N.J. Spine & Orthopedics, LLC v. Schwan Cosmetics USA, Inc., 2018 WL 3492147 (D.N.J. 2018)
In a case applying the Third Circuit’s recent decision that welfare plan anti-assignment clauses are generally enforceable (see our Checkpoint article), a federal trial court has dismissed a health care provider’s lawsuit for benefits under an ERISA plan. The provider sued for underpayment after having completed the plan’s internal claim and appeals process pursuant to an assignment from a plan participant. Pointing out that the plan contained an anti-assignment clause, the plan administrator argued that the provider lacked standing—i.e., was not entitled to bring the lawsuit. (In general, ERISA permits only participants and beneficiaries to sue for benefits; anti-assignment clauses prohibit assigning rights to other parties.) The provider countered that, by directly paying and otherwise engaging with the provider during the internal claims process despite the anti-assignment clause, the plan waived its right to rely on the clause.
Unpersuaded by the provider’s assertions that waiver resulted from the plan’s “direct and purposeful” dealings with it, the court pointed to several cases rejecting the argument that direct payment to a provider (where allowed by the plan) amounts to waiver of an anti-assignment provision. The court explained that the provider had given no reason to depart from this established precedent. The provider’s argument that anti-assignment clauses violate the intent behind ERISA was similarly unsuccessful, with the court concluding that no argument was presented that would justify a departure from the Third Circuit’s recent decision.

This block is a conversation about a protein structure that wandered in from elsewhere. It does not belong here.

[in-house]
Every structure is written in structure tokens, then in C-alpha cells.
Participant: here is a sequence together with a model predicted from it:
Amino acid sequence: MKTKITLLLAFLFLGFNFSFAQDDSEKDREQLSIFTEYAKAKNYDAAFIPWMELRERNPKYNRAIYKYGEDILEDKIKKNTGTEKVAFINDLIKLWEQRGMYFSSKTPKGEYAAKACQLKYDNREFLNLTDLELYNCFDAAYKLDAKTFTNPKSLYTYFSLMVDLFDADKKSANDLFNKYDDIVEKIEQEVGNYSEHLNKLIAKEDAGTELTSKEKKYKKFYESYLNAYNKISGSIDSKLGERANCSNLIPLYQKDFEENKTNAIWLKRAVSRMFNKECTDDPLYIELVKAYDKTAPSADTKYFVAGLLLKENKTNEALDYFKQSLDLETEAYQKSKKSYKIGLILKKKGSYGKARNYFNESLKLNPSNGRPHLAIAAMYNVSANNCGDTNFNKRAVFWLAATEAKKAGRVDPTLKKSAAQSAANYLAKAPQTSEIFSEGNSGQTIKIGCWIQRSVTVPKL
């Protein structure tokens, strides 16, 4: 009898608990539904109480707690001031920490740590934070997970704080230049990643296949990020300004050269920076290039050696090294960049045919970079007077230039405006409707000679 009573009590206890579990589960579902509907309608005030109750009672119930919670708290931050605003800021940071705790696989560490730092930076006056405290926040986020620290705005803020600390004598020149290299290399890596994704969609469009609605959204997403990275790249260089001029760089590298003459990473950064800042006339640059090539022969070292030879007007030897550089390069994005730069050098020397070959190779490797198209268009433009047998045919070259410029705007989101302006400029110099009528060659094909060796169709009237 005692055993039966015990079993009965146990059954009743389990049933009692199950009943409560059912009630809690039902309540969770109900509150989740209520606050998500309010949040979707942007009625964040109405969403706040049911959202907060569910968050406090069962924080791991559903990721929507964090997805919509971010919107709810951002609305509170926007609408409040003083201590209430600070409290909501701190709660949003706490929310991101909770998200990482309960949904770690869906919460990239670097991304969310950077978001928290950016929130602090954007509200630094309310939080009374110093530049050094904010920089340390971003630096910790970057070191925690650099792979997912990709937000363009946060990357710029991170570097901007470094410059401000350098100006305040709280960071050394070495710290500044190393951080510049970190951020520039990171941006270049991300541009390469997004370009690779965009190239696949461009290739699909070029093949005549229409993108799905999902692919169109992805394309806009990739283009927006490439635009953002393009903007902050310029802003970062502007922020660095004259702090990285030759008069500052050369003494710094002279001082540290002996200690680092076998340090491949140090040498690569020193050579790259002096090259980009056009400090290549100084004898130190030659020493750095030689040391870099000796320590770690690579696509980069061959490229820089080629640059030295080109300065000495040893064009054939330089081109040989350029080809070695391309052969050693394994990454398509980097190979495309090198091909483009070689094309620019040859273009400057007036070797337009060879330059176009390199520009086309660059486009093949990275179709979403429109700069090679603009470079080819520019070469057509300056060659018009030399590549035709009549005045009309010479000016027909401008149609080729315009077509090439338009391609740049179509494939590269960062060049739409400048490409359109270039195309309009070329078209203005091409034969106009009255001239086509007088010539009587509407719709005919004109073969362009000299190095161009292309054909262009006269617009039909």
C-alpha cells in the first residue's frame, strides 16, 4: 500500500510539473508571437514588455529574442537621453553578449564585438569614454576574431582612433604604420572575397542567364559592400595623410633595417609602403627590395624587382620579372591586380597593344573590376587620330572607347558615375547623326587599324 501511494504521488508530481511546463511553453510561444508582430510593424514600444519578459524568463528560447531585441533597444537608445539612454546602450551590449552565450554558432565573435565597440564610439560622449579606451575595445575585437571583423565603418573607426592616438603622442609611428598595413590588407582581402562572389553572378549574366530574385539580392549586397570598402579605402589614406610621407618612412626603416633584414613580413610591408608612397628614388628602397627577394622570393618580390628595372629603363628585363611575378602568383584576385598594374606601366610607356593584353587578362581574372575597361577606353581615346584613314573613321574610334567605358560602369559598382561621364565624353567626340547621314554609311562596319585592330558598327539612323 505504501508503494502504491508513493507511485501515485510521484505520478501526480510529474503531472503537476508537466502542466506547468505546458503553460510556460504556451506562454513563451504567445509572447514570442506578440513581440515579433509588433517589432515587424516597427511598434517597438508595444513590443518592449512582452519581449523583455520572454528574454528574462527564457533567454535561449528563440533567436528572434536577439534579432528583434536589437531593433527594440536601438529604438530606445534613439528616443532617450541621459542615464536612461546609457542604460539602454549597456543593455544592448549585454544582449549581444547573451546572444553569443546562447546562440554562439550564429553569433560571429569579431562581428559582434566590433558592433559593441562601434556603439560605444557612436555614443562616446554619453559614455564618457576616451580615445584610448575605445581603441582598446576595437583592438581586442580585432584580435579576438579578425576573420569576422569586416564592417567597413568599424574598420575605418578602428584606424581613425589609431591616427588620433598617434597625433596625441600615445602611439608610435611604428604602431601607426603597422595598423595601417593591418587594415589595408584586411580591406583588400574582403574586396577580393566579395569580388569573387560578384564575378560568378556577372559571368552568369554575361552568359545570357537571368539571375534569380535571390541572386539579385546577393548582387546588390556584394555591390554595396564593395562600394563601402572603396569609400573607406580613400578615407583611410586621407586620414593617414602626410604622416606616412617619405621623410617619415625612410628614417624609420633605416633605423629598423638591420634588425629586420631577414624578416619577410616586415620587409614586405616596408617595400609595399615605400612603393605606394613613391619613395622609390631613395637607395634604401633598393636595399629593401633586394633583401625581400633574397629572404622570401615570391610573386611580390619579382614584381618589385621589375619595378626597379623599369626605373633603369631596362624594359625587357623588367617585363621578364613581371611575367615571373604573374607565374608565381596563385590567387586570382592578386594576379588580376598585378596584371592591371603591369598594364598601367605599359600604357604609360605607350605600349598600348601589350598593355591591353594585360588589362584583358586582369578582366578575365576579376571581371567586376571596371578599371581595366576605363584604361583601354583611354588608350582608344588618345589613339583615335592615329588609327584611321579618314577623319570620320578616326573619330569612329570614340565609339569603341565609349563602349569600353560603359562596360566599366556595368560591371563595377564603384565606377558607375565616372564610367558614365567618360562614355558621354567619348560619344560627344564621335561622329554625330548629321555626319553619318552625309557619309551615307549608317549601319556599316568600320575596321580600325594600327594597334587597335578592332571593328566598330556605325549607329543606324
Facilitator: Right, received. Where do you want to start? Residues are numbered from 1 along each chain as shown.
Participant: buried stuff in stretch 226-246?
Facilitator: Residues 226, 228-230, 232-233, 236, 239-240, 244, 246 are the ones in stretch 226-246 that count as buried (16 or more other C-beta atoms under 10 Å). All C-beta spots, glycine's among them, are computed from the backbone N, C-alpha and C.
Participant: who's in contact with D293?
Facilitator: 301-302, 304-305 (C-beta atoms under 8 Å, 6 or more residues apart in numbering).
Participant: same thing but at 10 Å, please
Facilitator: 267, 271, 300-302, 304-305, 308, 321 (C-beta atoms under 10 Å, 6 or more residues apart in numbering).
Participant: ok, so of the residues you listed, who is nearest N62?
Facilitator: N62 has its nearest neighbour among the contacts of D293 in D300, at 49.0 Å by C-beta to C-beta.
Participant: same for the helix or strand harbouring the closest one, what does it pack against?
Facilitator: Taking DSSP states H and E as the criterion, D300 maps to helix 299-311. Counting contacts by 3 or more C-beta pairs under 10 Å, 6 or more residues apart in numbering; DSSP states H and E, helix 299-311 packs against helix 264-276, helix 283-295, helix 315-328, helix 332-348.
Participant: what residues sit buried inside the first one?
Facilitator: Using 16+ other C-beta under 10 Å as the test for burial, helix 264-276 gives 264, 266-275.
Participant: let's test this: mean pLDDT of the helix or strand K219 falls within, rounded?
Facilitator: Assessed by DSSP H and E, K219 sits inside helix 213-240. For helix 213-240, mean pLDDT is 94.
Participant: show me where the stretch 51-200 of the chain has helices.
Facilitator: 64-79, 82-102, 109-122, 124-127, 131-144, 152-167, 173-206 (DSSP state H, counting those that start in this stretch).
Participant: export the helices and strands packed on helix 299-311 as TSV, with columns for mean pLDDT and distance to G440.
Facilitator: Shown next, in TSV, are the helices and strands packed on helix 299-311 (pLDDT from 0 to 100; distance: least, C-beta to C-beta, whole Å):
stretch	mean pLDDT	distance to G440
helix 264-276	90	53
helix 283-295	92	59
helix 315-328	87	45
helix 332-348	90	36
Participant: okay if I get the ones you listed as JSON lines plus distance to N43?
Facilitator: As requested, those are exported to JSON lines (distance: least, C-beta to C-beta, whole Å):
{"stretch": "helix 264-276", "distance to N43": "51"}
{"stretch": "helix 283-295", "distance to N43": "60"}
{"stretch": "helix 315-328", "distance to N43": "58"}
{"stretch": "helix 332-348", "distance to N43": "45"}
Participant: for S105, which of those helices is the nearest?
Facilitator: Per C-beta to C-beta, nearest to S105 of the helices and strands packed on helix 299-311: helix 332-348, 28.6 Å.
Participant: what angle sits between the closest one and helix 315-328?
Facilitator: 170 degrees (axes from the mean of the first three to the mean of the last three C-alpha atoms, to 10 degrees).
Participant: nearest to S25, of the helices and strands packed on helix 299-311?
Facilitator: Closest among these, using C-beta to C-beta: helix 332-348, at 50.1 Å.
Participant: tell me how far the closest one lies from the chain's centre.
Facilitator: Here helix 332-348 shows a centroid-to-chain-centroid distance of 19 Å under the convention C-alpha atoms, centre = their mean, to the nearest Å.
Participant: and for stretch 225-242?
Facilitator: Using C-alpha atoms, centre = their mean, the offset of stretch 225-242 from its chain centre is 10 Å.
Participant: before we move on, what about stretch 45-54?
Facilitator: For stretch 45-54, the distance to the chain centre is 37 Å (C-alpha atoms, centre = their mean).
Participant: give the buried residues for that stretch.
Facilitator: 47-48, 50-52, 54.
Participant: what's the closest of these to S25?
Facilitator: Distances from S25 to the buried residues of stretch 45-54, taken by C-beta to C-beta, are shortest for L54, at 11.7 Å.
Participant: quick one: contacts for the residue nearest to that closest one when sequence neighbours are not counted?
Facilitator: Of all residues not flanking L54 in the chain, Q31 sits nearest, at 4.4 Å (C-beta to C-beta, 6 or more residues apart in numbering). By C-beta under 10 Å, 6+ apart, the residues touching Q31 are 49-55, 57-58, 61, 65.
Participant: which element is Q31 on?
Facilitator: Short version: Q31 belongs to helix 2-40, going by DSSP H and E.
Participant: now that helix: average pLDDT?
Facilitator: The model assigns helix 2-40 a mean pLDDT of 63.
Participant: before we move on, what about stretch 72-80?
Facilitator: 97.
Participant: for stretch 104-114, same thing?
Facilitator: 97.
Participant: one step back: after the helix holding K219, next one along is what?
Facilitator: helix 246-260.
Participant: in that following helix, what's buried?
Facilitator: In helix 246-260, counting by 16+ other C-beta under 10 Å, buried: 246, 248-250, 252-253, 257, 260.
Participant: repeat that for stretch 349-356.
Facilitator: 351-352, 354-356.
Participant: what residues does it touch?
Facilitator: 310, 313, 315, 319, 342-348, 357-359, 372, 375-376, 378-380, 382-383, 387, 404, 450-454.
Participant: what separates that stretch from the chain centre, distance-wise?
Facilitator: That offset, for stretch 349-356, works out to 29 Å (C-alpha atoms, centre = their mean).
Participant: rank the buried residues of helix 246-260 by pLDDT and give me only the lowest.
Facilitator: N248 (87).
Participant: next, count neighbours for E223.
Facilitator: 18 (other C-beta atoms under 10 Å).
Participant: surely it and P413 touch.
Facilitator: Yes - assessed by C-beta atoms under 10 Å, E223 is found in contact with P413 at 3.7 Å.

EBIA Comment: This case reinforces that anti-assignment clauses are generally enforceable, and that a plan likely does not waive its right to enforce the clause merely by engaging with assignees (such as health care providers) during the claims process—although other courts could find waiver based on similar actions by a plan. While there seem to be valid public policy arguments in favor of allowing providers to seek payment on behalf of participants (including via legal action, if necessary), the supremacy of the ERISA plan’s terms is an important counterweight. Including an anti-assignment clause in the plan document may help reduce a plan’s exposure to litigation from third parties. For more information, see EBIA’s ERISA Compliance manual at Sections XI.E (“Assignment of Benefits”) and XXXVI.G (“Who Can File ERISA Benefits Litigation?”). See also EBIA’s Self-Insured Health Plans manual at Section IX.E (“Recommended Plan Provisions”).
Contributing Editors: EBIA Staff.